Friday, 13 February 2009

For Fuck's Sake

What a ridiculous hoo-ha the media are making about Boris Johnson's 'tirade' (the cliche of the moment for this story) to Keith Vaz. Apart from it being utterly justified - as would any tirade directed at the oleaginous, sycophantic little creep Vaz - surely, a sprinkling of swear words is fairly run-of-the-mill when things get heated in most bits of serious business? Or at least in what is taken for a private conversation. By the way, I gather newsrooms are some of the most prolific cursing arenas - but then hypocrisy is a stock in trade here.

Anyway, I think the majority of people really enjoy a good swear, either as participants or spectators. Testament to this is the popularity, not to say classic status, of certain TV programmes and films featuring particularly creative swearing.

My own favourites put Bozza's swearing to shame. His features only one four letter word, which isn't even clustered together to create an aesthetically pleasing and cathartic climax of alliterative repetition (sorry got a bit carried away with the lit crit there).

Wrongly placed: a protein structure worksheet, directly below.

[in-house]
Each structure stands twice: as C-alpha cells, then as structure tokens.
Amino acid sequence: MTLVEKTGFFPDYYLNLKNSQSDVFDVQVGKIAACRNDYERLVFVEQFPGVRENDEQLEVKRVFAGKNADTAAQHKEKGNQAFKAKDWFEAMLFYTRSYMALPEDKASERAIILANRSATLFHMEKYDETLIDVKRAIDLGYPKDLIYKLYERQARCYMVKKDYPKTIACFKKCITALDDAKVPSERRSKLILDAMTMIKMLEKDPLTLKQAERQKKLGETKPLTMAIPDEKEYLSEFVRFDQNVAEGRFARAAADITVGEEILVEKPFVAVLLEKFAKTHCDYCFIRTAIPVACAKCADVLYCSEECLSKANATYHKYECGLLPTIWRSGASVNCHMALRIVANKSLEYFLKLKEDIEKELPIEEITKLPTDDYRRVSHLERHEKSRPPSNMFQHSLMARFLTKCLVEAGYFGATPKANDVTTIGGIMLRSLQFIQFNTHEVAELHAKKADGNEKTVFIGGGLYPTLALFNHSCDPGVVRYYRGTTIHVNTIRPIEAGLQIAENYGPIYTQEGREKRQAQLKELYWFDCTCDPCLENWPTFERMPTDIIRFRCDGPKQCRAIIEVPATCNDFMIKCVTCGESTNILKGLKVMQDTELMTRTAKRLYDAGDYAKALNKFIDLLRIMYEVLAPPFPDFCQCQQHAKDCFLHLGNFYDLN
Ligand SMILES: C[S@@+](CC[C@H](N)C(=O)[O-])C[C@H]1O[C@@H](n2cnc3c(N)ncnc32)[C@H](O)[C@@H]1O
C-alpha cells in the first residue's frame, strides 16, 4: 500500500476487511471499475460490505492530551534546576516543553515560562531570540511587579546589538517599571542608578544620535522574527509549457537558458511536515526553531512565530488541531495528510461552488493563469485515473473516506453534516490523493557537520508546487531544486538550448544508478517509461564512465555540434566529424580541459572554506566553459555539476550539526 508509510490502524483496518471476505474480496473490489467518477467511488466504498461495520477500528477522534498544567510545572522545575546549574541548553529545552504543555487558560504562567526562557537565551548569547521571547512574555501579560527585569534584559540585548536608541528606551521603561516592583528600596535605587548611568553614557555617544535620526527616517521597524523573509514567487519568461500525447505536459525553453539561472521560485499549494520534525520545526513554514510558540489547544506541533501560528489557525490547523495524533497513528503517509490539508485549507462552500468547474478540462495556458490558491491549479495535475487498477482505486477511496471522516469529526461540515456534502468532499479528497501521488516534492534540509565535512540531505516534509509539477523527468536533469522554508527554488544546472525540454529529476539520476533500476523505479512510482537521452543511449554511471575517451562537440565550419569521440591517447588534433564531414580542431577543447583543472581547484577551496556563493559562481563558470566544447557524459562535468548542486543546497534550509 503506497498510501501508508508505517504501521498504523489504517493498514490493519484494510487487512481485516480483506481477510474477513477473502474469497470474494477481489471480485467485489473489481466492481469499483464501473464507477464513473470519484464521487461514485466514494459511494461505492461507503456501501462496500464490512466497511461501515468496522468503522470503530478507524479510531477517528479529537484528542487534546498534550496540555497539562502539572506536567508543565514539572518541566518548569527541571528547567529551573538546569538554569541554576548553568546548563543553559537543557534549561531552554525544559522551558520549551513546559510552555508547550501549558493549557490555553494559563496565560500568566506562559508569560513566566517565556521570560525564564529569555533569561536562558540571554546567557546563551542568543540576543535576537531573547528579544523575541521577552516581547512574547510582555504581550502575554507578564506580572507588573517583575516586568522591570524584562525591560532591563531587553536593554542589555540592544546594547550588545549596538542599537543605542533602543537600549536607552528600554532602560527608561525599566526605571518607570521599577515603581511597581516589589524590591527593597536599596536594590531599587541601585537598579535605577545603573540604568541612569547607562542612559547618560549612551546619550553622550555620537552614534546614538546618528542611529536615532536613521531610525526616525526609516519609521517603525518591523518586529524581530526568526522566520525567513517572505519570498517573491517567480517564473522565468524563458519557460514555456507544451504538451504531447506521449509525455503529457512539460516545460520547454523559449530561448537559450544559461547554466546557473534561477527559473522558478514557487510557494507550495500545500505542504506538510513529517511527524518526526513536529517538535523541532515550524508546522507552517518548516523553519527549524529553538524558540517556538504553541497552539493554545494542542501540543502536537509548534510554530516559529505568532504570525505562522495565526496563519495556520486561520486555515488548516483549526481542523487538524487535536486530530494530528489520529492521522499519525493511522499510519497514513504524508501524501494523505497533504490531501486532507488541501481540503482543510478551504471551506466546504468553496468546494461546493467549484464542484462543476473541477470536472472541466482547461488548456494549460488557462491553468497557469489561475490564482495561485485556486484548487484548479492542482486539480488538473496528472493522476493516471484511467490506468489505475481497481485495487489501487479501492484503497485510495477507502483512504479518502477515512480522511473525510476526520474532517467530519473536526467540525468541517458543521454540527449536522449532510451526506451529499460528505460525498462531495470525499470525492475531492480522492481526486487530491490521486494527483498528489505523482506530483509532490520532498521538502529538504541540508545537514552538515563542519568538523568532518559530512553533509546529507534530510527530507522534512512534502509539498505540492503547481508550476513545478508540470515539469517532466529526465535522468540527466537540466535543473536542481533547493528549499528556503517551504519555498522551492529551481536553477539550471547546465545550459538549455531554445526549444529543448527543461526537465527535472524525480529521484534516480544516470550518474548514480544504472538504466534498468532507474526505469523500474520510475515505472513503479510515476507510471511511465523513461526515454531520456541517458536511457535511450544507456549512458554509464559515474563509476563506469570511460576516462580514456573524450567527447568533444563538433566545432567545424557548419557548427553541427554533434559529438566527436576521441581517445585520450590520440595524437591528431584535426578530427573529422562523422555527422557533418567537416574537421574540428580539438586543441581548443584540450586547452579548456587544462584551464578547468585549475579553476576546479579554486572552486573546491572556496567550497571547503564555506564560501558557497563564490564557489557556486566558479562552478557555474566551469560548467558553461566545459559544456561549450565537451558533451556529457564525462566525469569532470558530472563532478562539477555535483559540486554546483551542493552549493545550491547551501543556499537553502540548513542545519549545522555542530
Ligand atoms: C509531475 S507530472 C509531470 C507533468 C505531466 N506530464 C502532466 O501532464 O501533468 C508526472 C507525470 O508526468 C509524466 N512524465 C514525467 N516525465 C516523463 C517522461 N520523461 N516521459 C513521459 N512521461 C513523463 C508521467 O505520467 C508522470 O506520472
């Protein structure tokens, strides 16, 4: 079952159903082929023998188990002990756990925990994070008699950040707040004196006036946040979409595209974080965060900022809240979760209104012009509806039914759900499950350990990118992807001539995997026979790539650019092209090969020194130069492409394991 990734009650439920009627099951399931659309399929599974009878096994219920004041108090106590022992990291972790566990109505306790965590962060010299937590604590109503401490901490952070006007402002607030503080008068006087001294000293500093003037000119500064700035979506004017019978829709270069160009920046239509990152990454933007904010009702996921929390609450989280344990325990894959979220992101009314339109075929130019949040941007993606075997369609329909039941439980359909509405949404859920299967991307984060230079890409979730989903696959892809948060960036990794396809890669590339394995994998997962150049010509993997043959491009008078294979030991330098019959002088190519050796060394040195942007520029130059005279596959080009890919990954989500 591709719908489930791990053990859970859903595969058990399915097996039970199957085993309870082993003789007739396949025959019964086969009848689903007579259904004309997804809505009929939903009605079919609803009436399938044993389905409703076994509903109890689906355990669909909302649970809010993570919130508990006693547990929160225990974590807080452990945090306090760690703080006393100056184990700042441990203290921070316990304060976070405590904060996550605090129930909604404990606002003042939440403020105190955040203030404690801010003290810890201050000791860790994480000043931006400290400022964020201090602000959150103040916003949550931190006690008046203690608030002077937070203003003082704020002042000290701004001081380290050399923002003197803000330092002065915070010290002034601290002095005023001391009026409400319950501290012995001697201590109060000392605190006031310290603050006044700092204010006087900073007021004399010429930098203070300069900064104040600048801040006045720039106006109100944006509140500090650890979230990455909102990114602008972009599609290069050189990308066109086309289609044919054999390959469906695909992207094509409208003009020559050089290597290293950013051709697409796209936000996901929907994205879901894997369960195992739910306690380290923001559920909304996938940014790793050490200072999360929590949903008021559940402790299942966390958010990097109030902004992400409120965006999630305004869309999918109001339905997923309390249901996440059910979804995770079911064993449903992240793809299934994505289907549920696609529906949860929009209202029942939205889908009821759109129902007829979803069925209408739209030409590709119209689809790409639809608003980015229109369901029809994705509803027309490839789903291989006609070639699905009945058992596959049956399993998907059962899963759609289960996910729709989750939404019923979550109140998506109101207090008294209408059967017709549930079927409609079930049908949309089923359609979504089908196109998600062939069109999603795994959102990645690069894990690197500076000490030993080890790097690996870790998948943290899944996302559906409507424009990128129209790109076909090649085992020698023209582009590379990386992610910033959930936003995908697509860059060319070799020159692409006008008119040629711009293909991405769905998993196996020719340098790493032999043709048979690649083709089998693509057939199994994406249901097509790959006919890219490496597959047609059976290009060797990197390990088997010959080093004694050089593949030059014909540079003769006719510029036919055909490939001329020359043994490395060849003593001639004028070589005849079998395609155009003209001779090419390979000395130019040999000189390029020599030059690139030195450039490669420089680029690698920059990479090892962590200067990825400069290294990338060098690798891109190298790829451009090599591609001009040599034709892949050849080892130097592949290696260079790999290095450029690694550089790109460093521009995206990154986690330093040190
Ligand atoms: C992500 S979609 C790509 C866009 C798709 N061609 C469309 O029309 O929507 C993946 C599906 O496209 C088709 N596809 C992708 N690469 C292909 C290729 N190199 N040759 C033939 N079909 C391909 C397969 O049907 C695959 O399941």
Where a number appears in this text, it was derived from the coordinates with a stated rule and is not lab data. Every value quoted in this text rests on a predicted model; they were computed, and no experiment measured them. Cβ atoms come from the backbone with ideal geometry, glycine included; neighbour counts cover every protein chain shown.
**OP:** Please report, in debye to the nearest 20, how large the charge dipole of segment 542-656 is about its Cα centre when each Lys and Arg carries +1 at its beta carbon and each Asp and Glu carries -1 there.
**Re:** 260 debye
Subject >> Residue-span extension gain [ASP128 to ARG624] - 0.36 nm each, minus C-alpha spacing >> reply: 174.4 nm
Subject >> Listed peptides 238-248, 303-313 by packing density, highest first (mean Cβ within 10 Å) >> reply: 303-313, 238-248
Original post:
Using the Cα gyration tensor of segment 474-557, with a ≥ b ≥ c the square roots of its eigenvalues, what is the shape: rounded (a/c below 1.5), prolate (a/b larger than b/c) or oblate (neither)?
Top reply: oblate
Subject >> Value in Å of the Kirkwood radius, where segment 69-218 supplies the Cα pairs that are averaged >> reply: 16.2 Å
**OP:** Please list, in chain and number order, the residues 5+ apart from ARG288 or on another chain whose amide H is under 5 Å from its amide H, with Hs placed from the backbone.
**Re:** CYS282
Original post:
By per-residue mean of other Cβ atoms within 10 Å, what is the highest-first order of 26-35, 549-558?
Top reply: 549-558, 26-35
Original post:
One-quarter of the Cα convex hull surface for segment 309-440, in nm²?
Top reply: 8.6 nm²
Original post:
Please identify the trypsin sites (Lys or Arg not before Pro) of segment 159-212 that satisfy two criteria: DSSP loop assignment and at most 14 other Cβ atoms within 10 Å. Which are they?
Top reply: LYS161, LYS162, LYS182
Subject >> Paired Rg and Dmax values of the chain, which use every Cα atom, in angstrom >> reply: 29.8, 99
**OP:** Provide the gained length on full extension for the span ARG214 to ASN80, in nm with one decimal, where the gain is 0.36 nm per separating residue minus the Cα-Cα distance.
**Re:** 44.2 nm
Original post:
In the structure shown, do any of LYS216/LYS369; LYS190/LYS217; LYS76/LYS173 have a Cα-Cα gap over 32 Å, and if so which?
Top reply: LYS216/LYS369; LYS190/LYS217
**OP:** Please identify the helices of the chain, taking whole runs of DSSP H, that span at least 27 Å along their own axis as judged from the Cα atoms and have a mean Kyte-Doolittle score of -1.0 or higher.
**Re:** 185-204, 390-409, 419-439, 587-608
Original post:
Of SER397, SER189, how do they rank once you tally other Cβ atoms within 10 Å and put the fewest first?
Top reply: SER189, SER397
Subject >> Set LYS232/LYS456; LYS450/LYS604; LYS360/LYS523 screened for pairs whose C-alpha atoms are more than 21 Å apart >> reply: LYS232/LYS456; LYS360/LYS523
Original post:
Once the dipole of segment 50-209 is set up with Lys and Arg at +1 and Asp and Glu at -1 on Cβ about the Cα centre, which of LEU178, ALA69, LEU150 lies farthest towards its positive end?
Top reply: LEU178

Off the top of my head here is what I think is the best film and best TV programme, swearing-wise:


Oscar for Best Swearing: Glengarry Glen Ross

Consistently interesting swearing throughout the film with some wonderfully satisfying peaks of intensely creative cussing. Started life as a play by top playwright David Mamet, proving that swearing can be big and clever. Here is some of the best dialogue.


Emmy for Best Swearing: The Thick of It

I believe the writers employed a swearing consultant, Ian Martin of a website called Martian FM. A great investment. The swearing ranges from the unexpected and baroque ("Don't start with the moral objections, you fucking Blue Peter badge wearing ponce! Go and make a contribution to the fucking Amnesty International! Go and buy a goat a whole village can fuck, but you are doing this for me!") to the elegantly simple "Come the fuck in or fuck the fuck off". Swearing has never appeared so clever when delivered by Peter Capaldi playing spin doctor Malcolm Tucker.

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